The picture above is a view of the Hudson River during a stormy day. The fog is partly covering the New Jersey shoreline near the Palisades. The road with the cars on it is the West Side Highway. It’s one of the major highways in Manhattan that runs along a body of water called the Hudson. The other roadway that runs alongside a river is the FDR Drive on the eastside, running along the East River. The bridge located over the West Side Highway is one of the entrances to Riverbank State Park. When I look at this picture, I think that’s how I feel. Sometimes, I’m sunless and kind of foggy, as if my brain is on permanent default. I get lost in the fog. There are no lights to help guide me to the light or a better day.
My sister died six months ago. She was two years older than I. We didn’t speak daily. I’m not much of a caller. I never have been one to call first. If you call me and I’m in the mood, I will talk your ear off. My sister and I would talk on birthdays and winter holidays like Thanksgiving and Christmas. Occasionally, we might talk on New Year’s Day too. Our discussions were usually about our families. She has or had two adult children and I have one. We’d compare notes about our kids, like what they were doing or why they were or weren’t doing well. We’d talk about our jobs. She was an educator, a college professor who designed and taught courses about running a small business with an emphasis on using technology.
We’d talk about our health issues. She told me that she’d recently discovered she was a diabetic and swore me to secrecy about it. She didn’t want to hear the lectures she was sure to receive from our mother. I agreed to keep her secret. That’s what sisters do, right? I told her about my uterine fibroids and the lump I’d found on my breast. We agreed not to tell our mother. My sister assured me it was benign. She mentioned how she’d had several removed on her breast and in her uterus. She was right. They were benign. I’d had several breast and uterine cancer scares over the years. I could always count on my big sister to talk me through them, as she’d been there first.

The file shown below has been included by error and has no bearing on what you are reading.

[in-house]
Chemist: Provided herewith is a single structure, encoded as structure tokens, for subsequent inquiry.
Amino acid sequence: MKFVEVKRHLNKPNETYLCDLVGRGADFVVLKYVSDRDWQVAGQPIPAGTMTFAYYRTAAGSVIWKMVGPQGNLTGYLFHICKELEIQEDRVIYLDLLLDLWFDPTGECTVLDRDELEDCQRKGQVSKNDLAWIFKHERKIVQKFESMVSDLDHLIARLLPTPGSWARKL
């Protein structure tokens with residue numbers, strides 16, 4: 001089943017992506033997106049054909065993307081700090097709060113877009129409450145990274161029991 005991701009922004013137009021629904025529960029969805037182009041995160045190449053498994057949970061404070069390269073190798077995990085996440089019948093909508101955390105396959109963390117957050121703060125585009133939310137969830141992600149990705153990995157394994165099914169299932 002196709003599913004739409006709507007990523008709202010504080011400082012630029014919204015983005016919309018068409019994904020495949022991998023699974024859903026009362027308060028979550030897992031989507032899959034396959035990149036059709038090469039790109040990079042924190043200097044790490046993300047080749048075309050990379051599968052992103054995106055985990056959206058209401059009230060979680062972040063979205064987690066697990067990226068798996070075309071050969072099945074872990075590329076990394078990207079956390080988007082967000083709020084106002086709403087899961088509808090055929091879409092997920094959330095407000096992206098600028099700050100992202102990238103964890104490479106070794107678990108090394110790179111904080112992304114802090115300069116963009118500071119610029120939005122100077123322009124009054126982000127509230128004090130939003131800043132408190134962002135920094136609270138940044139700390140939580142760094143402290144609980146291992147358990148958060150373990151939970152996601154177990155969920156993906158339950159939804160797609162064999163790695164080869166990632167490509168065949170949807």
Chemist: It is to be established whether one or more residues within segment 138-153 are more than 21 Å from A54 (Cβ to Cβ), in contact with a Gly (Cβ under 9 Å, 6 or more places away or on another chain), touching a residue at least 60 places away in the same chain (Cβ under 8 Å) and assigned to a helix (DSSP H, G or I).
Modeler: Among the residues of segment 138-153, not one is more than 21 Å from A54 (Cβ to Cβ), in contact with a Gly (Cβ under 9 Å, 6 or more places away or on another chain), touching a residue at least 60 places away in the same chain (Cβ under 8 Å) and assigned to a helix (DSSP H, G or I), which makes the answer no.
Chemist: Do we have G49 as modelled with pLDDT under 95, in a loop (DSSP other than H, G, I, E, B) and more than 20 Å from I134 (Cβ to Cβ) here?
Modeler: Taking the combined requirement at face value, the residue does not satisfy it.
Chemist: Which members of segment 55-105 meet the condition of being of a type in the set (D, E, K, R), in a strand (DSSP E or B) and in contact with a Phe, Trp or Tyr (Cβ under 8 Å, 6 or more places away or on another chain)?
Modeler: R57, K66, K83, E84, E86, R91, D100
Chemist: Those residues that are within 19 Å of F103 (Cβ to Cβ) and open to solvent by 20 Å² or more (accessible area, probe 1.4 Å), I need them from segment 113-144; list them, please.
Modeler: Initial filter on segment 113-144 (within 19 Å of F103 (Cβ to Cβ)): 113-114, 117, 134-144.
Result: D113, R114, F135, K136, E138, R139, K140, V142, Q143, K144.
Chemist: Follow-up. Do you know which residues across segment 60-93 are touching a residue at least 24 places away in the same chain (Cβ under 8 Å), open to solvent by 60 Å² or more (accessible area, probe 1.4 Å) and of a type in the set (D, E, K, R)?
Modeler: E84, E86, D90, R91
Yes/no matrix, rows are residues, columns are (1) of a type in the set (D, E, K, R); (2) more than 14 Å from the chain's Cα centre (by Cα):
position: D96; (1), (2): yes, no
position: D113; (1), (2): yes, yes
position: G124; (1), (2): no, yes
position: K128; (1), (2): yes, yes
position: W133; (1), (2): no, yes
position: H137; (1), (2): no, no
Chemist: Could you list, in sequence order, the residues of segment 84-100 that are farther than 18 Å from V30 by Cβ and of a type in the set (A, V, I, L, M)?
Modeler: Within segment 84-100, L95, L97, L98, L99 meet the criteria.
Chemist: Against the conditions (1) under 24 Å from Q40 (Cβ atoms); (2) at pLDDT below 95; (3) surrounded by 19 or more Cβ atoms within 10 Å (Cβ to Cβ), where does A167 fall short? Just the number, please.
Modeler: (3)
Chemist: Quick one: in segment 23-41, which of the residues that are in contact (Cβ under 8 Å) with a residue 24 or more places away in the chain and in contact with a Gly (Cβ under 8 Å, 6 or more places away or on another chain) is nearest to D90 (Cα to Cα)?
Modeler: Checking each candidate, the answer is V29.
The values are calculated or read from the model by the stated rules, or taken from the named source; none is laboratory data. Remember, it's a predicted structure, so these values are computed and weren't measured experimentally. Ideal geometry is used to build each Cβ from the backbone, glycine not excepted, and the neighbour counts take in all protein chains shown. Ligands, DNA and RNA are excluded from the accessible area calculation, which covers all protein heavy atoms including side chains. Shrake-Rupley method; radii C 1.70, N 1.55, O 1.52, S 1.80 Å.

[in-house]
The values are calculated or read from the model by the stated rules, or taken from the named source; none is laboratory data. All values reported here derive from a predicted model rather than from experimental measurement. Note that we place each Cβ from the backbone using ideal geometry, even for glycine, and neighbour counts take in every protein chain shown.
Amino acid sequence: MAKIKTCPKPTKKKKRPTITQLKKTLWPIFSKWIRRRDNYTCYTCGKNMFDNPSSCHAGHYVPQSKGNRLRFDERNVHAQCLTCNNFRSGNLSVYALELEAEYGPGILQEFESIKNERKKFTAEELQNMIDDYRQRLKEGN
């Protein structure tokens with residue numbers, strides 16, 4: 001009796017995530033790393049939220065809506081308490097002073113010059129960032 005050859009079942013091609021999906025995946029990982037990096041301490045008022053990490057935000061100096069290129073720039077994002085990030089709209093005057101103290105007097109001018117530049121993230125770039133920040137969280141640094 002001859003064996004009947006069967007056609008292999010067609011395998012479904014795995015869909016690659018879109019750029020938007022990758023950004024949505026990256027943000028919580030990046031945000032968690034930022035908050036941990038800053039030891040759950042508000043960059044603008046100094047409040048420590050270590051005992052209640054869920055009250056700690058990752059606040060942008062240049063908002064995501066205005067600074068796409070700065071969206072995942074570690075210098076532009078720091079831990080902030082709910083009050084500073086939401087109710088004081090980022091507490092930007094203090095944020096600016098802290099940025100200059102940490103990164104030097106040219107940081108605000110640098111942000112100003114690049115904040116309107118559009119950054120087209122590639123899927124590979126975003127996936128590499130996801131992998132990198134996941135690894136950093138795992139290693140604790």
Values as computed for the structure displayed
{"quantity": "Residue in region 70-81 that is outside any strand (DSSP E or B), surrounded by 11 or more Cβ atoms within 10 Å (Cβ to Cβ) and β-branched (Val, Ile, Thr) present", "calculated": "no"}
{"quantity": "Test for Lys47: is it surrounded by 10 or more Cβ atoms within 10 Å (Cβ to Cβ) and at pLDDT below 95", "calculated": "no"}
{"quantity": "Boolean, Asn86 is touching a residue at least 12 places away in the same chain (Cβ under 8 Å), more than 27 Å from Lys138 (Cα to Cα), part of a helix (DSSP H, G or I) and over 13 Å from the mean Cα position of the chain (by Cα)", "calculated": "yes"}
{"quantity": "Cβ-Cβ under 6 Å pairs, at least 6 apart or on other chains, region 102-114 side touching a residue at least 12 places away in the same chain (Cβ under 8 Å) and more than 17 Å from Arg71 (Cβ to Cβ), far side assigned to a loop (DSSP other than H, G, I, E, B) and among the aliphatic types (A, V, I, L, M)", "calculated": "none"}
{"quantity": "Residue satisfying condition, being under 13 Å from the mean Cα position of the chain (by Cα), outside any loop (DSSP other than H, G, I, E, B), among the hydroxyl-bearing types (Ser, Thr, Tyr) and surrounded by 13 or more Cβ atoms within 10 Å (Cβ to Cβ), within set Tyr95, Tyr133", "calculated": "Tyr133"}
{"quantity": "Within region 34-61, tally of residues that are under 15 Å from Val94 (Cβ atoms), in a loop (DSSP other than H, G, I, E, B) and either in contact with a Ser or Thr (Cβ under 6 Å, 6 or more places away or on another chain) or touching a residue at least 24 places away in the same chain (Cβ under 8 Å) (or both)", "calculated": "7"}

The past six months have been sheer hell for me. Friends have been wonderful, but after a while, they zone out when I talk about my sister. I can’t seem to shut up about her. I find myself thinking about her a lot. I want to call her to talk about something my granddaughter did or something I just discovered about my family. Then I remember I can’t make that call because nobody will be on the other end to answer it. I start crying at the oddest times about the strangest things. I was bawling my eyes out watching Barbara Bush’s funeral. I’m no Republican. I’ve never liked the Bush family, junior or senior. Yet there I was crying about a woman I didn’t particularly admire.
My family accepted my sister’s death and moved on. They held a memorial service for my sister in a faraway state and buried her ashes there. I discovered her husband has a family cemetery behind a church his family built over hundred years ago. I refused to go to the service. I never thought of my sister as being particularly religious. I certainly didn’t know her husband’s family built a church or had a family plot. I also wasn’t ready to say that final goodbye to my sister either. I’m still having difficulty understanding how my own family finds it so easy to say that final goodbye when I can’t.
If I sound angry. I am.
If I sound lost. I am.
If I sound depressed. I am.
I’m also looking for better times.
I know things will get better.
I’ll get through this stormy gray fogginess to the clear skies on the other side.
Thanks for reading,
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